I’ve talked before about the transition of cartoons in America from a general medium to what was almost exclusively a children’s medium for almost twenty years. This largely came about because in the 80’s companies discovered that they could use the colorful (and relatively cheap) medium to advertise directly to children and saturated the popular consciousness with animated shows aimed directly at kids, often subsidized by doubling as ‘educational programming’.
However, something I haven’t touched on is what came before. Cartoons in the 60’s and 70’s were aimed at the first generation of young people to be considered teenagers. They were weird, they were high concept and they were subversive. These days, Scooby Doo and its clones seem very kiddy, but they were about teens on their own accomplishing things and that meant something to the teens at the time. Felix the Cat was meant to be psychedelic, while Fritz the Cat was pure ‘adult’ entertainment. Meanwhile, animated sitcoms like the Flintstones and the Jetsons appealed to older audiences while animated adaptations of things like Happy Days of all things were squarely designed to expand the already teen-heavy audience of the shows in question.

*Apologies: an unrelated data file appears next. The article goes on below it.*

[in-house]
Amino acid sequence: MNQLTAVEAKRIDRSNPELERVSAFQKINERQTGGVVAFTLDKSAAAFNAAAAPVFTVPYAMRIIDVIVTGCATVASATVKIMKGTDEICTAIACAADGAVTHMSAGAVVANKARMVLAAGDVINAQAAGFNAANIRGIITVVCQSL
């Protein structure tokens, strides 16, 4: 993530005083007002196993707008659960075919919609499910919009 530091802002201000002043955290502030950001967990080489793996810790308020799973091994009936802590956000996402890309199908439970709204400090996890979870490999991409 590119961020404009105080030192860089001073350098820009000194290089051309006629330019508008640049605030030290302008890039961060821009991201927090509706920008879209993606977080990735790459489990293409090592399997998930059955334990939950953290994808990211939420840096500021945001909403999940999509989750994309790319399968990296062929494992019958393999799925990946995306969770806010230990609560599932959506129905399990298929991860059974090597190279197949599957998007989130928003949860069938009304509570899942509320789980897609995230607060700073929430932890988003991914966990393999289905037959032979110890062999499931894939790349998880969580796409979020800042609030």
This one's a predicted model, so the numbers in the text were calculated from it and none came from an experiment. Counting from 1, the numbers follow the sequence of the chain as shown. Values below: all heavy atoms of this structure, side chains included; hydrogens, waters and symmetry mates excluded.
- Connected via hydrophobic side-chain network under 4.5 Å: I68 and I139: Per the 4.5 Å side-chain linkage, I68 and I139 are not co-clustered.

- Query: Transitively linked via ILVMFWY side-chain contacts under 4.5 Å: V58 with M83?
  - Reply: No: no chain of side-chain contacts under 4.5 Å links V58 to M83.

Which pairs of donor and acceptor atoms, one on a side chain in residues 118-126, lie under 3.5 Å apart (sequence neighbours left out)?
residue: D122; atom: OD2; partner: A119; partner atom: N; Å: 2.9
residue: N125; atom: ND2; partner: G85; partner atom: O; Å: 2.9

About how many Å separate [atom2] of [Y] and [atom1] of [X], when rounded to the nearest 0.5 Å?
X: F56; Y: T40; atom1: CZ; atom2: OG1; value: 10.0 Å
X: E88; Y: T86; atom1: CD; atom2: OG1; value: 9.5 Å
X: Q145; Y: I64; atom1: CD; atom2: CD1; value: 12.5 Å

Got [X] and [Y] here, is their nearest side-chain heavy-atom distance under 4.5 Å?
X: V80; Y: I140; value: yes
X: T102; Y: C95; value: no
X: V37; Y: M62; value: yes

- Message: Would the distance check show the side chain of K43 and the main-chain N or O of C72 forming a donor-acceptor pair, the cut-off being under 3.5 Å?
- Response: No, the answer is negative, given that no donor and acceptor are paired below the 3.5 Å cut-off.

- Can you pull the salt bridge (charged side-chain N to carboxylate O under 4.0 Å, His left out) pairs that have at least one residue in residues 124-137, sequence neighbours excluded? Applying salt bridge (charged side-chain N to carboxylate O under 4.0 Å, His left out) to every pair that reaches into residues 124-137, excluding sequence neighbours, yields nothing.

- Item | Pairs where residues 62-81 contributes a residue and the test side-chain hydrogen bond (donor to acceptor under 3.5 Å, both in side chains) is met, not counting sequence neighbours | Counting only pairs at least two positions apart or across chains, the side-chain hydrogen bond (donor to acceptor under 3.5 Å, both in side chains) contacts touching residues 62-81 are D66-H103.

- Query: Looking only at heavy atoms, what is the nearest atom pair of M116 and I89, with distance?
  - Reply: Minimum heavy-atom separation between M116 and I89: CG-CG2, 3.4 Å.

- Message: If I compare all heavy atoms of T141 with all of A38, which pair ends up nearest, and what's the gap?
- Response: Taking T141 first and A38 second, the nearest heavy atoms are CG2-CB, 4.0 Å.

Why bring this up?
Well, because as the 80’s approached, all of the people previously used to working on shows meant for teens were suddenly hurled bodily into the world of making things for the 6-10 crowd… and the whole thing was as seamless as a baseball.
The result was a number of creators ostensibly working in the field of kid’s entertainment were still in the mode of thought that weird, creepy and emotionally scarring was still an excellent idea to add to their productions.
And… to a certain level, it worked. When the 90’s came along, the kids raised on the bed-wetting terror of the 80’s ended up liking it enough to launch a genre of juvenile horror that eventually came full circle and gave use the teen horror show Buffy the Vampire Slayer.
But that’s another post. This week, we’ll be looking at the actual horrors that stalked my youth, innocently and ignorantly perpetrated upon my by my parents who were pretty sure these weren’t things that were going to happen in the shows they set me down in front of.
Now, of course, everyone is going to disagree with some of these or bring up ones I missed, so I’m setting some ground rules for the article from the outset:
One, these are only about scenes I saw as a kid. So, for example, Brave Little Toaster is out because I’ve never seen it, We’re Back: a Dinosaur Movie is out because I saw it in college, and the various things in Teen Titans is out because it came out long after I was a kid.